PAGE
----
Fake footwear may fulfil your urge for branded goods, but they easily wear out or may cause injury or accidents many times. Counterfeit footwear leads to loss of profits, drop down in the reputations of the brands and also leads to massive unemployment.

Duplicate footwear can be curbed with the help of effective regulatory measures, the use of anti-duplication technologies and most importantly by generating awareness among the consumers and retailers regarding the drawbacks of fake footwear items. Some of the anti-counterfeiting measures are holograms, security labels, QR codes, holographic films, and other flexible packaging products.

To get the best anti-duplication solution call us on +91-7857857000 or mail us at connect@ec2-54-210-245-44.compute-1.amazonaws.com.

How to determine if your mustard oil is genuine or fake?

Mustard oil or ‘sarson ka tel’ has been one of the favourite cooking oils in India. Of late, many other types of edible oils are also being used but, mustard oil is still consumed predominantly by a large population, that inhabits the rural India – particularly in the north. For years, our forefathers thrived on food cooked in pure mustard oil which was responsible for their great health. Time and again researches have proved that mustard oil has numerous health benefits that are hard to find in refined oils.

But, as expected just like other food items mustard oil is also being adulterated and sold as a counterfeit in markets. This leaves our health in jeopardy as the effects of consuming duplicate mustard oil can be fatal. The government of India has issued strict guidelines and there are specific laws to punish people who practice adulteration of food, though, little has been achieved to curb the same.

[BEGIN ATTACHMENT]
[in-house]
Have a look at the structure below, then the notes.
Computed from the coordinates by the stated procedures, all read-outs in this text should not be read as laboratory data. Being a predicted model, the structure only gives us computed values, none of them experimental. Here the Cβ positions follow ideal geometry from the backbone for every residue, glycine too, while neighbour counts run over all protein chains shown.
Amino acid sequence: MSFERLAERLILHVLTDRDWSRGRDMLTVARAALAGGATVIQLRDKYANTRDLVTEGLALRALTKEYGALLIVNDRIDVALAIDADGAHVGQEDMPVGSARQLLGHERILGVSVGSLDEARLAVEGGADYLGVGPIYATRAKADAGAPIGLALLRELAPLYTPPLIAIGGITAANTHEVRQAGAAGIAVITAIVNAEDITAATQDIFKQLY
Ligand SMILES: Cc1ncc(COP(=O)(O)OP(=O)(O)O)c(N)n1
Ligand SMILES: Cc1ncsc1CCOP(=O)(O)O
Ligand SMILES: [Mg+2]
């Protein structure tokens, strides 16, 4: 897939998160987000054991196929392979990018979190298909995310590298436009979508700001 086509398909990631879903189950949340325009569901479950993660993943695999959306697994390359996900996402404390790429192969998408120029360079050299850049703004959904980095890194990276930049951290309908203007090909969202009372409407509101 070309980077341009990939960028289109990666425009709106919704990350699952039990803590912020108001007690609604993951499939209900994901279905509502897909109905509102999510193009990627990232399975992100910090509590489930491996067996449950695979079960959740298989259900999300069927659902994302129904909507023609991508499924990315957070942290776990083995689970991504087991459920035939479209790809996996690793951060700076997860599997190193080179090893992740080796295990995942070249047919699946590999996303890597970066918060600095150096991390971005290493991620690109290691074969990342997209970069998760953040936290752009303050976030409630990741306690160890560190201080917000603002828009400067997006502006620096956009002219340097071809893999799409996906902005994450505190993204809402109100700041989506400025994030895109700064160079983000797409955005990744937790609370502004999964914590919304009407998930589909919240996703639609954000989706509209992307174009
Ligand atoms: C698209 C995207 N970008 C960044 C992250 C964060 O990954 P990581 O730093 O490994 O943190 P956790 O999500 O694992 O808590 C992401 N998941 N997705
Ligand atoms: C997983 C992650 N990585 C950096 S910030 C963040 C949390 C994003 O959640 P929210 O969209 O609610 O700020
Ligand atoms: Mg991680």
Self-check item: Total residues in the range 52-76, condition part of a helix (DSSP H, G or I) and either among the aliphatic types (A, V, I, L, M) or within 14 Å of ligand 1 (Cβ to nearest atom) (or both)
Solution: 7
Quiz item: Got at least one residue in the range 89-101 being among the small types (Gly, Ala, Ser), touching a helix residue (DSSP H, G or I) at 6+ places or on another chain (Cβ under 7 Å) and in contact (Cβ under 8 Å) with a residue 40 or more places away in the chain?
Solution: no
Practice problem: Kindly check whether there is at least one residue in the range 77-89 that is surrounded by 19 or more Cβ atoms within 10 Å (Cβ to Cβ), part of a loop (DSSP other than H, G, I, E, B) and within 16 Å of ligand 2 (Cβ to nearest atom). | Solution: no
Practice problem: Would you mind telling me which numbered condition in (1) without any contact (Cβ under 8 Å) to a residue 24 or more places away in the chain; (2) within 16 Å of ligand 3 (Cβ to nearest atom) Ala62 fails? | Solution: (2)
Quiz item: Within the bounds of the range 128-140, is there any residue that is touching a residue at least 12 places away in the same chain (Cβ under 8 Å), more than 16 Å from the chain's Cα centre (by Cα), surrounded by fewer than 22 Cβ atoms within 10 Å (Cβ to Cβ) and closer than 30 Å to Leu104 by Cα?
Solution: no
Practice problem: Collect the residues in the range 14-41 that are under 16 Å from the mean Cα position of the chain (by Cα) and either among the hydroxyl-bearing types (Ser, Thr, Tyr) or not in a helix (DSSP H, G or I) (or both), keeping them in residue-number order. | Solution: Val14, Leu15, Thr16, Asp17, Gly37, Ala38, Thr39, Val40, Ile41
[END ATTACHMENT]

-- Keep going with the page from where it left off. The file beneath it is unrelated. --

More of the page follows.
Recently, KS Pannu, Commissioner Food and Drug Administration Punjab said that unscrupulous dealers and manufacturers are using cheap palm oil, crude rice bran oil, crude soya bean oil, colours and chemicals as adulterants in mustard oil. Another toxic adulterant Argemone oil is also used which causes dropsy and has been the reason behind many deaths in the past. The spurious oil is packed in tins and packets bearing the branding of the original product which makes it difficult to differentiate between the fake and an original.

If you are buying mustard oil from the market, then you can perform some easy home tests to determine its genuineness. Let’s discuss some of them in detail.

1.Freezing test: Take some mustard oil in a cup or bowl. Keep it in the fridge for a few hours. If the oil is freezing and having white spots, then there is something added in it and it is a counterfeit.

2.Rubbing test: Take some oil in your palms and rub it properly. If it leaves any trace of colour and smells like a chemical, then it has been adulterated with spurious substances.

3.Nitric Acid test: Take a tablespoon of oil and mix it with 5 ml of nitric acid. If the mixture turns yellowish orange or crimson colour, then it has been mixed with Argemone oil.

4.Barometer test: Pure mustard oil gives a barometer reading of 58 to 60.5. If the reading is more than this then the oil is fake.

5.Acidified petroleum ether test: In one millilitre of mustard oil mix 10 ml of acidified petroleum ether. After two minutes add one drop of molybdate. If the solution turns muddy then it has been adulterated with castor oil.

With advances in anti-counterfeiting technology, brands are utilising anti-counterfeiting solutions for their products and edible oil industry is no exception. Holostik – a pioneer in anti-counterfeiting solutions has successfully catered different kinds of anti-duplication solutions to the edible oil industry, which falls under the FMCG sector. It has secured one of the prominent players Gokul Refoils and Solvent Limited (GRSL) with the cutting-edge anti-duplication solution. The move not just stopped duplication of its products but also increased its profits.